Journal article Open Access

Modeling the Transport of Aggregating Nanoparticles in Porous Media

Vasileios E. Katzourakis; Constantinos V. Chrysikopoulos

A novel mathematical model was developed to describe the transport of nanoparticles in
water saturated, homogeneous porous media with uniform flow. The model accounts for the simultaneous
migration and aggregation of nanoparticles. The nanoparticles are assumed to be found suspended in
the aqueous phase or attached reversibly or irreversibly onto the solid matrix. The Derjaguin-Landau-
Verwey-Overbeek theory was used to account for possible repulsive interactions between aggregates.
Nanoparticle aggregation was represented by the Smoluchowski population balance equation (PBE). Both
reaction-limited aggregation and diffusion-limited aggregation were considered. Particle-size dependent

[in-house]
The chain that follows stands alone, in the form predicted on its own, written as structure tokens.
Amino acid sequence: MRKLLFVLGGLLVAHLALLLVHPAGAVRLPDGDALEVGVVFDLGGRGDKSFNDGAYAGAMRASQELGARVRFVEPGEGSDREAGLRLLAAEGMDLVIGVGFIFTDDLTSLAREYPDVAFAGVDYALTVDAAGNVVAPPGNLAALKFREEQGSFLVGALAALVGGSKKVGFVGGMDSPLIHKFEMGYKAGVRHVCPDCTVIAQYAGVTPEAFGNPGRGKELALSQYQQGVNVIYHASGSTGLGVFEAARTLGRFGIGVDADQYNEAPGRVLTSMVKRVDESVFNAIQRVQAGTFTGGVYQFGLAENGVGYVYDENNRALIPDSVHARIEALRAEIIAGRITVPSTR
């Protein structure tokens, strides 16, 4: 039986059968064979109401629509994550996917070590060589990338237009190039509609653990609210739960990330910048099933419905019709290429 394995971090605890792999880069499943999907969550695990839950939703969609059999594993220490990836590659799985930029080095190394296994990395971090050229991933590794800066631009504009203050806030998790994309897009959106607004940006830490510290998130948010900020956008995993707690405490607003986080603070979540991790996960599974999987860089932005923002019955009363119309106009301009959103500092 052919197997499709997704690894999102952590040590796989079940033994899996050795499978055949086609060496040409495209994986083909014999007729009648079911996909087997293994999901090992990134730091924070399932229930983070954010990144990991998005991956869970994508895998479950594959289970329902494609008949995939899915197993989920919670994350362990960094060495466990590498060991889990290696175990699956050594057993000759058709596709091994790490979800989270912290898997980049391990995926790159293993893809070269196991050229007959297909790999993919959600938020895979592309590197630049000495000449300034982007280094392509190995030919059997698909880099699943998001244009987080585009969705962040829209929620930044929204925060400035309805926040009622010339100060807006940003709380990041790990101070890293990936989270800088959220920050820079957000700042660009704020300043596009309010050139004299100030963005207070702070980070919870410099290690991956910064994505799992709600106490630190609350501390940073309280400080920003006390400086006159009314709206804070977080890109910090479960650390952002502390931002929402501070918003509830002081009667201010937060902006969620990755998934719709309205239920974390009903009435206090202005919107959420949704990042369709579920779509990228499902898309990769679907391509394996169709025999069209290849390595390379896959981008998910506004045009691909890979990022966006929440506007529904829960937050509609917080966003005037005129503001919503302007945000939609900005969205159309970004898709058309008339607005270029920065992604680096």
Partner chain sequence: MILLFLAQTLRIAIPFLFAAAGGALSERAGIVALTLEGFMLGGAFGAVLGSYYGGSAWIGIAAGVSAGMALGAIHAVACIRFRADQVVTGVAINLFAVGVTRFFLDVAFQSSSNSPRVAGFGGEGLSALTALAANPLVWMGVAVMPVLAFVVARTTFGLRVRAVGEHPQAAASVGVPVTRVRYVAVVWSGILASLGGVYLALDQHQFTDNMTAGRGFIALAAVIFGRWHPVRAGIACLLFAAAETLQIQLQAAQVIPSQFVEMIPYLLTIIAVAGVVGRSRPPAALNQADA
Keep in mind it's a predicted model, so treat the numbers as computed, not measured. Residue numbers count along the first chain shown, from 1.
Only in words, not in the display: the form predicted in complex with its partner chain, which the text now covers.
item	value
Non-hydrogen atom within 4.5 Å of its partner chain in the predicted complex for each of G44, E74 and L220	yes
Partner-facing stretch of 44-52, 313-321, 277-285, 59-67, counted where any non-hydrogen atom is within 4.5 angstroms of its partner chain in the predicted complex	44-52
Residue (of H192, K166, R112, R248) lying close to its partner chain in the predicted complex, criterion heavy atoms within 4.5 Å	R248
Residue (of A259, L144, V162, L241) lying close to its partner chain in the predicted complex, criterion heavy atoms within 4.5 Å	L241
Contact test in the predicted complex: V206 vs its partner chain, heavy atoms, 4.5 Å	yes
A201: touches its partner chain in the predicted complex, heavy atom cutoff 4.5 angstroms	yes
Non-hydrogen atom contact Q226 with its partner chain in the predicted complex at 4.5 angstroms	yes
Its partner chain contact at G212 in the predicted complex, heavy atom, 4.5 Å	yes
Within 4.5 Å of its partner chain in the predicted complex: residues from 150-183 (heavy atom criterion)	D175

dispersivity was accounted for. In order to overcome the substantial difficulties introduced by the PBE,
the governing coupled partial differential equations were solved by employing adaptive operator splitting
methods, which decoupled the reactive transport and aggregation into distinct physical processes. The
results from various model simulations showed that the transport of nanoparticles in porous media is
substantially different than the transport of conventional biocolloids. In particular, aggregation was
shown to either decrease or increase nanoparticle attachment onto the solid matrix, depending on
particle size, and to yield early or late breakthrough, respectively. Finally, useful conclusions were drawn
regarding possible erroneous results generated when aggregation, particle-size dependent dispersivity or
nanoparticle surface charges are neglected.

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